You can do many things with gusto, or hearty enthusiasm, whether it's eating a steak, playing table tennis, or cheering on your favorite team. Some people live their whole lives with gusto.

  • Pronunciation: / 'ɡʌsto/
  • English description: vigorous and enthusiastic enjoyment
  • Synonyms: zest
  • Chinese Translation: 爱好(ai4 hao4)
  • Spanish Translation: el entusiasmo
  • ORIGIN: Since the seventeenth century gusto has been helping English speakers describe things that are done with vigor and enthusiasm. Gusto is Italian for “taste,” and its Italian origins are evident both in its spelling, with its “o” ending, and its sense of “a taste for life." Use this word to describe vigorous activities — you probably wouldn’t "take a nap with gusto," even if you really enjoy napping. You're more likely to score goals and dance the Macarena with gusto.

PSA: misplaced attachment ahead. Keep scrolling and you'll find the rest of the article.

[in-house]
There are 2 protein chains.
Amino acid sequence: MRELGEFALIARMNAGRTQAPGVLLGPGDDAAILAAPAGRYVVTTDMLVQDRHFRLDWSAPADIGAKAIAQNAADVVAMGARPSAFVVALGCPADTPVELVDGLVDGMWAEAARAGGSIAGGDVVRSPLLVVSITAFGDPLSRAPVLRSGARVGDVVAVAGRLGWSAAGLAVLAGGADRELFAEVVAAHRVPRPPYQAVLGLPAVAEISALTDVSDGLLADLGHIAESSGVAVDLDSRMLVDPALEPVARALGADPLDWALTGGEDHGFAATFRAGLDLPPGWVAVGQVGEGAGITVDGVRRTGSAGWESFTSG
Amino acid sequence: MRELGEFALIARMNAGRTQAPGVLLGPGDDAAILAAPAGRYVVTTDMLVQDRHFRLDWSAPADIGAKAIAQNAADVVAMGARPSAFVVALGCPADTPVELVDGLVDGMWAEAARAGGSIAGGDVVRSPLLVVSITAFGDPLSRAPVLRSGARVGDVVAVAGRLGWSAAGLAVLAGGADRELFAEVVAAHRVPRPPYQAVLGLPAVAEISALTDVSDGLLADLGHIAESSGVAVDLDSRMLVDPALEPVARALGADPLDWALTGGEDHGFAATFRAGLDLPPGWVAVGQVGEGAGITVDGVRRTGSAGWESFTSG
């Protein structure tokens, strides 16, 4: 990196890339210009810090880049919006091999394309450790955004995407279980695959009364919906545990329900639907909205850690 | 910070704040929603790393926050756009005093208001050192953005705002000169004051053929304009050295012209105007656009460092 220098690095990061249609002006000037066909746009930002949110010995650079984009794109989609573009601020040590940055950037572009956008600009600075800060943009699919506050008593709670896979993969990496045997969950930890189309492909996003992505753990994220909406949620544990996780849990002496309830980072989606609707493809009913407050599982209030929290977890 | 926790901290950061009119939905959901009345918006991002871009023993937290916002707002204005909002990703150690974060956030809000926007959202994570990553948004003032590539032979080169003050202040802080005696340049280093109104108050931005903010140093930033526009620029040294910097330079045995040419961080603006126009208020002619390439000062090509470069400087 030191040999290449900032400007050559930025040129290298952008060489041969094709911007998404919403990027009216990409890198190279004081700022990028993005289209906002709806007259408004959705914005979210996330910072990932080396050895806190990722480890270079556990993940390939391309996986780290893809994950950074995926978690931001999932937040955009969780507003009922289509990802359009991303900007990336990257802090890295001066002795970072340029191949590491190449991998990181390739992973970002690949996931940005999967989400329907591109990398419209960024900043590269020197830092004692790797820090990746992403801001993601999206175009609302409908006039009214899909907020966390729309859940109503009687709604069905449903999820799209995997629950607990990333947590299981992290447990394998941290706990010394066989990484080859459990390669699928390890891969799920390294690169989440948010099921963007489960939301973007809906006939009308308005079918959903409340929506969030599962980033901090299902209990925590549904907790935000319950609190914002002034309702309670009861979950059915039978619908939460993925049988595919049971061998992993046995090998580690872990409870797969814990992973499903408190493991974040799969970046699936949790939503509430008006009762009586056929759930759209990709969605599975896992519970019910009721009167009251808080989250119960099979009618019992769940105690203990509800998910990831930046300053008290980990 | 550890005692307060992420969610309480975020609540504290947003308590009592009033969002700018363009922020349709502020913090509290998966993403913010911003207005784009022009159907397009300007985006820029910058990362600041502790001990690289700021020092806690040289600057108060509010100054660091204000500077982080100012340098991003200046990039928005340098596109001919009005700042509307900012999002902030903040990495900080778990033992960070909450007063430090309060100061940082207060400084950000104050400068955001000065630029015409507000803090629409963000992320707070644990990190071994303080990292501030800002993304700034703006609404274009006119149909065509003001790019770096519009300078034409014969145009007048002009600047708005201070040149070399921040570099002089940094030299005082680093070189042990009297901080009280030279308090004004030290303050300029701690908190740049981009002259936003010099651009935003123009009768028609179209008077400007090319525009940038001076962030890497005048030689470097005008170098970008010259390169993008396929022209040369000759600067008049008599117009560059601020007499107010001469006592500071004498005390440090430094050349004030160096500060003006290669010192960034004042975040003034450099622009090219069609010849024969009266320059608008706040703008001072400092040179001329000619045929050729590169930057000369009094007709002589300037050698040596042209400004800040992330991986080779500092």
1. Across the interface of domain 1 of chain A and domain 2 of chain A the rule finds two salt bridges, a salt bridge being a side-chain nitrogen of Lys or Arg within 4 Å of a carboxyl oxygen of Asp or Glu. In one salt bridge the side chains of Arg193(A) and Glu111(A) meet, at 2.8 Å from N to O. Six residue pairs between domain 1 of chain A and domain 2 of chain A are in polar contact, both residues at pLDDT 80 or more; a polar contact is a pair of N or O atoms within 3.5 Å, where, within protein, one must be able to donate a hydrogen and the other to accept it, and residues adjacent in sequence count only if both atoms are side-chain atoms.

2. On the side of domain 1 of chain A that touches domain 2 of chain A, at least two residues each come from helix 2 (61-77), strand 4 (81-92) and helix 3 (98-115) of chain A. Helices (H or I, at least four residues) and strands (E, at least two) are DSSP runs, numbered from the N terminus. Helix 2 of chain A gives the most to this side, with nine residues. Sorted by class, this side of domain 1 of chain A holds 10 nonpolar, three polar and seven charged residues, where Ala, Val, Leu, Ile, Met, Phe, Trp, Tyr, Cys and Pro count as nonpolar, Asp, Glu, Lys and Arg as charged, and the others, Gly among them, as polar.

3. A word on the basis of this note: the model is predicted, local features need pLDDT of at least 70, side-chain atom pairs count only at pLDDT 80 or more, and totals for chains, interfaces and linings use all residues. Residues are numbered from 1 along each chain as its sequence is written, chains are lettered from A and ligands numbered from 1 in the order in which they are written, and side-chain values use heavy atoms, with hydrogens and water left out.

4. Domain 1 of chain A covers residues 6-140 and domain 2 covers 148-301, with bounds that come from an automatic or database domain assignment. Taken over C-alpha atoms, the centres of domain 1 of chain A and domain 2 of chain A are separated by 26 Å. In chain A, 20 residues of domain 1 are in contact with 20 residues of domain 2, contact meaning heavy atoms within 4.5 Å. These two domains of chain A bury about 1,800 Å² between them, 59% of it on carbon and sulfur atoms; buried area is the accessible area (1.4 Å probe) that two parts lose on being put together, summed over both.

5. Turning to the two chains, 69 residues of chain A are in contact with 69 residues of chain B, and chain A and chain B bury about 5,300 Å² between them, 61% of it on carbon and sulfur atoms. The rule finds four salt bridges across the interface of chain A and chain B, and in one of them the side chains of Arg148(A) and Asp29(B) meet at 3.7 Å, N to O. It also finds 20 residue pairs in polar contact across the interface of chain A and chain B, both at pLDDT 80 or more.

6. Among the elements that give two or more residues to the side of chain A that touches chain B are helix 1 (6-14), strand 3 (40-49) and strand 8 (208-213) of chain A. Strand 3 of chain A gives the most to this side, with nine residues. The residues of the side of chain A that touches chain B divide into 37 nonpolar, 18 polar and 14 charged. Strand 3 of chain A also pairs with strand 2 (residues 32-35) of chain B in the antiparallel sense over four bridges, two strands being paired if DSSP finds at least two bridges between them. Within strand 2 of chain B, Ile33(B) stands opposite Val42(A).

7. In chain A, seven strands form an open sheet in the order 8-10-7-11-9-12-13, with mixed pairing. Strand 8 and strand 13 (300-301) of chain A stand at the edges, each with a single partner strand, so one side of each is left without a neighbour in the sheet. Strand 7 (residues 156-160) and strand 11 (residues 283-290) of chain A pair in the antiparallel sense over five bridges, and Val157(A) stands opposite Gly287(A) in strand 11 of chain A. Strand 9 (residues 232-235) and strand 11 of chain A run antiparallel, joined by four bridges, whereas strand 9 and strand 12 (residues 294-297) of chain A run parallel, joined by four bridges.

• If either goes for it with anything less than bone-juddering gusto, their shame will be legendary.
  • Whatever comes her way, the Atlanta native handles it with Southern charm and gusto.

*New word description, story and part of "EXAMPLE SENTENCE" are cited in Vocabulary


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